The person who consumes all of his earnings without saving for the future is like a farmer who eats his seed corn. A savings plan that is started early and added to consistently will accumulate to sizable amounts in the future. For example, if you invest an equal amount every year from age twenty-five to age sixty-five, it will grow to be worth approximately 440 times the annual investment.
Because of easy access to credit and increases in absolute income levels, many people become spending addicts. Without realizing the consequences, you spend when you’re bored and you spend when you’re celebrating. Worldwide, consumer credit has increased dramatically in recent years, as have retail sales and other spending-level indicators. It becomes easy to think that you must have every convenience available. Two common rationalizations used to justify excessive spending are “If I don’t buy it today, I won’t ever be able to afford it” and “My neighbor has it, so I need it, too.” Both of these justifications are messages from retailers, who are trying to sell their products, and from Satan, who is trying to get us into financial bondage.
Many economists say that a future worldwide recession is inevitable. If a recession were to come, it would be particularly hard on those who drink deepest from the debt trough. Even a small recession would bring defaults at all levels—international, national, and personal.
From the early days of the Church, leaders have counseled Church members to stay out of debt, except for homes, education, and other vital investments. To the extent possible, it is wise to purchase consumer durables (furniture, automobiles, etc.) with cash.
Inflation and the tax-deductibility of interest often make debt look attractive. But don’t be fooled. If you try to “beat” inflation by paying back borrowed amounts with cheaper dollars, you are still paying a monthly debt. And I have never figured out how a tax deduction makes paying interest a good investment. For example, if you’re entitled to a tax deduction of 40 percent because of interest charges on credit, you are wasting 60 percent of the money paid for interest. When you borrow and pay interest you lose twice: the money you pay out and the income that money could have earned for you if you had invested it.
Use credit cards carefully. If you do, they can be helpful. They are excellent for traveling because of their universal acceptance, they often allow a one- or two-month interest-free loan, and some even provide travel insurance and other amenities. However, it is easy to forget how often you use your credit cards; many people find that their bills are two to three times what they remembered spending.
Other types of debt can be equally troublesome. Lending institutions entice us to borrow money. For example, banks around the world offer home equity loans, often with no origination fees. These loans make borrowing really easy; in fact, when you want a loan you merely write a check from the credit line. What the banks fail to mention is that if you borrow, you must make significant monthly payments; they also gloss over the fact that you are risking your home ownership by allowing a second mortgage. Exercise care when you borrow money, because once you are in debt, interest is your constant companion; it never rests, and it works on Sundays and holidays.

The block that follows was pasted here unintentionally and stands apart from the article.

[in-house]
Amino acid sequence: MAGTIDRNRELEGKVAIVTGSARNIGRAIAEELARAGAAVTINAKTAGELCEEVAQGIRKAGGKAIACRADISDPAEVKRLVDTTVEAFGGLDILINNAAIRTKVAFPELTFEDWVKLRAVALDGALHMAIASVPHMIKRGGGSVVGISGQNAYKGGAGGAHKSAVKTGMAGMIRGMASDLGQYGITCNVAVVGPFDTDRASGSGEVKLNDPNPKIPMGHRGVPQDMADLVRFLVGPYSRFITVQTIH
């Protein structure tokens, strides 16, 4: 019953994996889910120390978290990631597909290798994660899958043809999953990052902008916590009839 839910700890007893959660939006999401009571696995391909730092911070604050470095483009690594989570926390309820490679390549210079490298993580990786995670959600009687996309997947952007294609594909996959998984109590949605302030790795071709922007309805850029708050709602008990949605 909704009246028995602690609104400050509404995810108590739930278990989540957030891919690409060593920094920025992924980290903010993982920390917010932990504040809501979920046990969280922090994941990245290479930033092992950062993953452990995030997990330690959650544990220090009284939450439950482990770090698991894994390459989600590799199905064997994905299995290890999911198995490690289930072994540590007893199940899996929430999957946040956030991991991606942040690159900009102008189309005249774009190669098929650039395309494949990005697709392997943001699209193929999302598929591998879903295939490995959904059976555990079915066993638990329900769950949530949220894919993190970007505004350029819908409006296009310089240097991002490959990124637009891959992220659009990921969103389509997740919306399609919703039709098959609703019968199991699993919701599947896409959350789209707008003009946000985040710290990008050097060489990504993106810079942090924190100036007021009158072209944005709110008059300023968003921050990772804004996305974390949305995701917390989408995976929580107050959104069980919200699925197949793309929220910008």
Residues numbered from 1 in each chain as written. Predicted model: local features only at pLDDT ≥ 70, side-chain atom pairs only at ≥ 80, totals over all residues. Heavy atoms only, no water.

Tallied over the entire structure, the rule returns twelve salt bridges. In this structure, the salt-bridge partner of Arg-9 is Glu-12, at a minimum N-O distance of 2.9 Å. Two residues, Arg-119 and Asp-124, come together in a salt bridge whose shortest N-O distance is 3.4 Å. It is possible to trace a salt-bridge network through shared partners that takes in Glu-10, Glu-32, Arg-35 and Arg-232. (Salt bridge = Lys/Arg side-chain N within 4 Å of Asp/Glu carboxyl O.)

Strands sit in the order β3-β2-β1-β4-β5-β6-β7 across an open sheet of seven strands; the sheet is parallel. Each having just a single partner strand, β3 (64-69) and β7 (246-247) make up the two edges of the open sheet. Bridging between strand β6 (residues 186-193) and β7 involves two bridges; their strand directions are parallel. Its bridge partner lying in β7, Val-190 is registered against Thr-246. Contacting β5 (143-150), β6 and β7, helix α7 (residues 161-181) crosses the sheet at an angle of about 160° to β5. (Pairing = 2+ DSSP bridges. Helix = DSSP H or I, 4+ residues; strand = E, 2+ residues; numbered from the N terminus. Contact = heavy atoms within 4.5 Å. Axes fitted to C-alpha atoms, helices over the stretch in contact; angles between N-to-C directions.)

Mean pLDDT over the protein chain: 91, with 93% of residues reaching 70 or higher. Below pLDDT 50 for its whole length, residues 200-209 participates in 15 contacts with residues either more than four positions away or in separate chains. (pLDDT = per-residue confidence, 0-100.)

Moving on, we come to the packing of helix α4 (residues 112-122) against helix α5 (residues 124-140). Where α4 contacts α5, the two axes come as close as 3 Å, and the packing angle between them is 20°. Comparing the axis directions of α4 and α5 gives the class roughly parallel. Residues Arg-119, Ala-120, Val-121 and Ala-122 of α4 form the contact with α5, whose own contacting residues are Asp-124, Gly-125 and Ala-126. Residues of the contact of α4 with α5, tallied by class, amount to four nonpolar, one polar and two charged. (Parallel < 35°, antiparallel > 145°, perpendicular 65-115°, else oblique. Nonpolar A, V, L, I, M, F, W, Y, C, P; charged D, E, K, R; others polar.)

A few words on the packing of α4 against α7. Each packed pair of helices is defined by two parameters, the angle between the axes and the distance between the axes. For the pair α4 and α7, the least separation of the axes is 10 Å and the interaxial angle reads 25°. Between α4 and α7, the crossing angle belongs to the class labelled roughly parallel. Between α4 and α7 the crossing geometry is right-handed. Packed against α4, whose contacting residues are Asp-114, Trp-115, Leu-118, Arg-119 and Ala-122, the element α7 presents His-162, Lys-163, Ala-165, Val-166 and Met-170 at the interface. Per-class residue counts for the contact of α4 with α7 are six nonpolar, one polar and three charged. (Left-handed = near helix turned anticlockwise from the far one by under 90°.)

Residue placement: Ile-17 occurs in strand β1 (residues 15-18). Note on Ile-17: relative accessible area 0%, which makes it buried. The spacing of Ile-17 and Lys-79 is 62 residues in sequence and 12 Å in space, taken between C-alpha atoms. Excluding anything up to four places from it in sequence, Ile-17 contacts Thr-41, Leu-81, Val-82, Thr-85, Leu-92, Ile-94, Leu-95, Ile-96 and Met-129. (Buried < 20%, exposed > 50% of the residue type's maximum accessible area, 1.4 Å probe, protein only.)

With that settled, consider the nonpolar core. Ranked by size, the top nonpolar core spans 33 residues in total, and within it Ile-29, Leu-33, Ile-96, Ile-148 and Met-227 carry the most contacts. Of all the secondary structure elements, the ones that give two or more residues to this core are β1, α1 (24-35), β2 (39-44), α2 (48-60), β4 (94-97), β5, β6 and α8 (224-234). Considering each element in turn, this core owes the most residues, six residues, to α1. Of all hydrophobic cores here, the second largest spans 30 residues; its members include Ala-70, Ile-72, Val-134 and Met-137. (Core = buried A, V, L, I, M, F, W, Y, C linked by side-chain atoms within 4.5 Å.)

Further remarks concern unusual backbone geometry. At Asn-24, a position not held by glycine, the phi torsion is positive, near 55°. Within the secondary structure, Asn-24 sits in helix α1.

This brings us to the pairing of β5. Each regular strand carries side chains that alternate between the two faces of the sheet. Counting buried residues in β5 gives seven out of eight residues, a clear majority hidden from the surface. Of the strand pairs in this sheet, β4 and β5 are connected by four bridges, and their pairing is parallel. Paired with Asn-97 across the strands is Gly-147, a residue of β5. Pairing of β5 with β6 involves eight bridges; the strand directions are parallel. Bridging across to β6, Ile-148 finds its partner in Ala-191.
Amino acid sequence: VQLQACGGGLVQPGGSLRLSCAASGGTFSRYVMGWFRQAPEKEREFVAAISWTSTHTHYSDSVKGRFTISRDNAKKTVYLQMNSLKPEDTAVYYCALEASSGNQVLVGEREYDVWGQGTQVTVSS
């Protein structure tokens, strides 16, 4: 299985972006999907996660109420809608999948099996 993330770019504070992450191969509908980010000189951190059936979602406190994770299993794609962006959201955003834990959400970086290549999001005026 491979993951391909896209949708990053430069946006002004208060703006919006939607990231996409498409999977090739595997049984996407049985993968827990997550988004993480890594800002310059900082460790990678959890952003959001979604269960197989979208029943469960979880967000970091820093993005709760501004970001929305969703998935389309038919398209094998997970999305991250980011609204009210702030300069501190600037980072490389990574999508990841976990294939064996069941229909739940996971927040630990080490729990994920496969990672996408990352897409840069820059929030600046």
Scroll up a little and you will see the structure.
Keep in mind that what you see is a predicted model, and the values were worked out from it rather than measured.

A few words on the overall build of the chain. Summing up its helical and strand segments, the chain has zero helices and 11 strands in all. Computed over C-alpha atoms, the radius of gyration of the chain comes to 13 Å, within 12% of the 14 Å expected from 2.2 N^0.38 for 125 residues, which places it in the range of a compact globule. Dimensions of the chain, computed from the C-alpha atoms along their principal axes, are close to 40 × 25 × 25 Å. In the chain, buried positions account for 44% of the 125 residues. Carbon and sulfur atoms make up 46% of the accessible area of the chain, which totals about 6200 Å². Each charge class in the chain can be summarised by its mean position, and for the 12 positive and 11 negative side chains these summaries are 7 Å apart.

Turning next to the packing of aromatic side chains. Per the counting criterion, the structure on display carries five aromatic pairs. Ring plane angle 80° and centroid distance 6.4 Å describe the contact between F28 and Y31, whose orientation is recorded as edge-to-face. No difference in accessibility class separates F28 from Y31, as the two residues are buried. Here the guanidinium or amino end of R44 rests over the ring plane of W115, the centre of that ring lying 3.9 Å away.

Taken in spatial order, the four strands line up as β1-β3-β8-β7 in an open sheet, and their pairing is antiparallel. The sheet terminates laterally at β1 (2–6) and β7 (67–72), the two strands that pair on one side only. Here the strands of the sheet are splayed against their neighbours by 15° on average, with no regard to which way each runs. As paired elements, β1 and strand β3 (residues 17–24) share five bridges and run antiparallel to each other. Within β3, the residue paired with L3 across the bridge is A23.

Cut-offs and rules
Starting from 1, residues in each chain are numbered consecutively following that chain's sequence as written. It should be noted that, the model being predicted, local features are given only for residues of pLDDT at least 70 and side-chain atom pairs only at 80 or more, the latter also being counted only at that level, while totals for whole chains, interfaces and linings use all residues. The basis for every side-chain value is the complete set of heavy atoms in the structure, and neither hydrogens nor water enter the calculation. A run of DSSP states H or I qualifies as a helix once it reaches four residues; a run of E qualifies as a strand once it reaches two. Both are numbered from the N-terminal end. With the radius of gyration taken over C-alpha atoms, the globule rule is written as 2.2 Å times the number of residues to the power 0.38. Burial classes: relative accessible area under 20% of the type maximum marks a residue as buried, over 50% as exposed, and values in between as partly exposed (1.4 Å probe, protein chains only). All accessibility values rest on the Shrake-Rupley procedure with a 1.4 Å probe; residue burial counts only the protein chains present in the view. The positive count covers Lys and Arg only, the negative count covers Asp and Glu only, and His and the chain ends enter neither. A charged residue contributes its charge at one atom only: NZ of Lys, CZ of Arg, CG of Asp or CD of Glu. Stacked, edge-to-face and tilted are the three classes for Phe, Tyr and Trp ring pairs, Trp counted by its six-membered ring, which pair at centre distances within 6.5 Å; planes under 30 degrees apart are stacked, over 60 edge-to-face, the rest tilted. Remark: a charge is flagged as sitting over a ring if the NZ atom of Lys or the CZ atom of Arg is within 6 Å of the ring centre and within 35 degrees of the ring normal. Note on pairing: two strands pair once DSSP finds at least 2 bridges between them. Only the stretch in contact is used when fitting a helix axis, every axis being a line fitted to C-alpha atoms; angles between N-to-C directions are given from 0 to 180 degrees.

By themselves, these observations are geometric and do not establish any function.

Many people waste a certain amount of money. You either spend it for things you don’t need or you pay too much for items that you do need. After analyzing how you spend your money, work to improve your spending habits. If you are spending on impulse for unneeded items, a strict budget will help. In other areas, you can save money by gaining expertise. Most families spend 50 to 60 percent of their income in three or four basic areas. If those four areas are food, taxes, insurance, and transportation, for example, learn more about each area and the kinds of steps you can take to cut costs.
Food costs can probably be decreased by always preparing a shopping list and following it closely, by shopping on a full stomach, by not buying snack foods, by watching ads and comparing prices, by using “cents-off” coupons, and by making nutritional tradeoffs—peanut butter for meat, for example.
You can often reduce your income taxes by becoming knowledgeable about tax laws. Know which deductions apply to you, and keep accurate records of your expenses. Most tax preparers make their money by completing tax returns as fast as possible, so it is difficult for them to take a personal interest in your tax matters. Your knowledge can help the preparer—if you choose to use one—serve you more effectively.
Likewise, while having insurance is absolutely critical, you can probably reduce your insurance costs. Most people need high amounts of coverage while their children are young and their mortgages high, and less insurance later in life. Compare carefully the advantages and disadvantages of term and other forms of insurance.
You should also make sure that you are insured adequately against fires and catastrophes, serious illnesses, and death or disability of wage earners.
Transportation is another area in which costs can probably be reduced. If you buy an automobile, understand how much each option costs and make a conscious decision of whether to include it.